Bells have played a major role in our lives for hundreds of years, going back to when Egyptians used bells to worship their gods and Romans used bells to express their gratitude to their gods for their success in battle.
In Medieval times, the ringing of bells was believed necessary to chase evil spirits from doorsteps, to quiet storms at sea, or to protect a person’s soul at death.
Bells have played many roles, such as being time keepers—letting villagers know when it’s time to eat, to sleep and even to pray. For many years, bells have both warned of danger and invited celebration.
Bells are used every day to announce to the community that a member had died and reminding them to pray for the deceased. On different occasions, such as every September 11th, communities ring bells to remember those who have passed away during the attack on The World Trade Center, the Pentagon and Flight No. 93 that went down in Shanksville, Pennsylvania. The bells ring to honor those who died, to remember them, and to remind people to pray for them.
Bells are also used as a celebration. Unlike the single tolling of a bell as a memorial, multiple bells can be rung in peals of celebration. Peals are traditionally rung for weddings and other celebrations such as the end of a war. Peals are also rung in communities for different celebrations on many different occasions.
It is said that hundreds of years ago people knew their local church bell and never forget the sound, recognizing the different ringing of the bell and what each ring meant. Even people who left the community to return years later still recognize and remember the sound of their town bell.
Even today, there are many churches throughout the United States where the bell in the tower actually belongs to the town. The bell that was used years ago to communicate to the community, still does the same thing today.
It’s hard to trace back to when bell casting of bells actually began. The Chinese had temple bells. Going back to the 1400s and 1500s, there are records of church bells being cast. Most of the bell foundries that have cast bells in the United States were located in the Northeast; Massachusetts, Vermont, Pennsylvania, New York, Maryland, and in the Midwest; Cincinnati, OH and St. Louis, MO.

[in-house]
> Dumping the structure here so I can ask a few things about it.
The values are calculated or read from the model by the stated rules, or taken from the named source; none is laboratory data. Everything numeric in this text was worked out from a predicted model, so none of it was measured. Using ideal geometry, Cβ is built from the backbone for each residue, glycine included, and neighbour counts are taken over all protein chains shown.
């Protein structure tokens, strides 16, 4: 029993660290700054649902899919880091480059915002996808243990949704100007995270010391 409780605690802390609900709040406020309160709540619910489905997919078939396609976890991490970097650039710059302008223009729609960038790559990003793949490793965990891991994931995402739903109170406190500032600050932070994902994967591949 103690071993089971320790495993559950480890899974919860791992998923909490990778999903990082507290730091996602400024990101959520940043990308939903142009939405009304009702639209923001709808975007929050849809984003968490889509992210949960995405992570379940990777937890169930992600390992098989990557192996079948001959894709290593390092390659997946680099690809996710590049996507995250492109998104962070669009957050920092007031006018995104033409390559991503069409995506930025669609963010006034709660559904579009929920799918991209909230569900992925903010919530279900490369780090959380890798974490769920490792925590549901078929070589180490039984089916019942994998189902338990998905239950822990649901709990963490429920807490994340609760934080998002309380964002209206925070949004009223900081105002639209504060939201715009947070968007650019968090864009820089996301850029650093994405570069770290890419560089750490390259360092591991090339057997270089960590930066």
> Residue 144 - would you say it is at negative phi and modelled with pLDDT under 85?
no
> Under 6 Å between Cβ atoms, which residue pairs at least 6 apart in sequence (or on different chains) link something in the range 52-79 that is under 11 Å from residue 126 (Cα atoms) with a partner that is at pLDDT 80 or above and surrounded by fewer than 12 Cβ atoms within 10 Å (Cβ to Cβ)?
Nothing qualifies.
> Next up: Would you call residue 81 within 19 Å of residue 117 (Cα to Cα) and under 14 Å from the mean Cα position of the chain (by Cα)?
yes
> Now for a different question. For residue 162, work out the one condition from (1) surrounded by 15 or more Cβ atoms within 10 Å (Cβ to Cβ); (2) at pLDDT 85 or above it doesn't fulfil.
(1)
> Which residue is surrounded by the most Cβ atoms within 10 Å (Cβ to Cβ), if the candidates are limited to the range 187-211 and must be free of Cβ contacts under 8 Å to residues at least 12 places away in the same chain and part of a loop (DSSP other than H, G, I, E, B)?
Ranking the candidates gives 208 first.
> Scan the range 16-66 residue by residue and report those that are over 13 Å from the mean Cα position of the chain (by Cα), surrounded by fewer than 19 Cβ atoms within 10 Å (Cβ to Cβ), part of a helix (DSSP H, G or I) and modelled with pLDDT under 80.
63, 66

In going through some of the old historic records of bell founders in the United States, it is hard to locate any bell founders, in fact that is really no record of any bell founders that have cast bronze bells west of the Mississippi River. Most bell foundries in the United States were East of the Mississippi River.
Most bells have been cast in America since the 18th century. But as an actual industry, bell makers did not get under way until after the American Revolution.
- In 1717, John Philips of New York City was the first founder to call attention to his craft.
- The next bell founder who cast any notable bells was John Whittier of Fairfield, CT. He started casting bells in 1738. He would cast bells up to 2,000 lbs. which was certainly a very large bell for the time.
- John Pass, who was one of the original bell founders who re-cast the Liberty Bell, started casting bells in 1749.
- In 1761, Aaron Hubbard was casting bells when he was ordered by the government to convert his foundry from casting bells to make cannons. Aaron had a young man named Paul Revere working with him.
- After the Revolutionary War, Revere started his own bell foundry in 1792, casting bells for many years. His sons, Joseph and Paul, Jr., worked with their father in casting bells. In 1817, Revere cast his great bell, with a weight over 2-1/2 tons. The bell is still in the tower of King’s Chapel in Boston and still rings today. Revere cast over 400 bells between 1792 and 1828.
- Another major foundry in the United States was Holbrook Foundry, which operated in the same era between 1816 and 1880. Major Holbrook was an apprentice to Paul Revere and later worked with Paul Revere, Jr.
- William Blake also emerged from the shadows of Paul Revere. Blake entered into a partnership with Joseph Revere in 1820, and their work went through most of the 19th century. They went through many mergers and partnerships, the latest one formed in 1890 as the Blake Bell Company.
In the decade before the Civil War, there were more than 30 bell foundries in the United States. After the Civil War, between 1880 and 1890, there were no bell foundries listed in the New York Business Directory.
Some of the more notable bell foundries after the Civil War were located West of New York and Boston. Cincinnati had two great bell foundries; the Hanks Bell Foundry founded in 1851 and the Buckeye Bell Foundry founded in 1837. The Van Duzen Bell Foundry was the successor of the old Buckeye Bell Foundry and in 1869, Van Duzen cast a large bell weighing 35,000 lbs. This bell only rang once because, it was said, the first toll broke all the windows the neighborhood. Today this bell is in St. Francis de Sales Church in Cincinnati and is rung with a stationary striker, ringing the hours and also the Angelus. Verdin completed all the hardware necessary to hang this bell.
After the Second World War, the company stopped casting, leaving just a few bell foundries in the United States: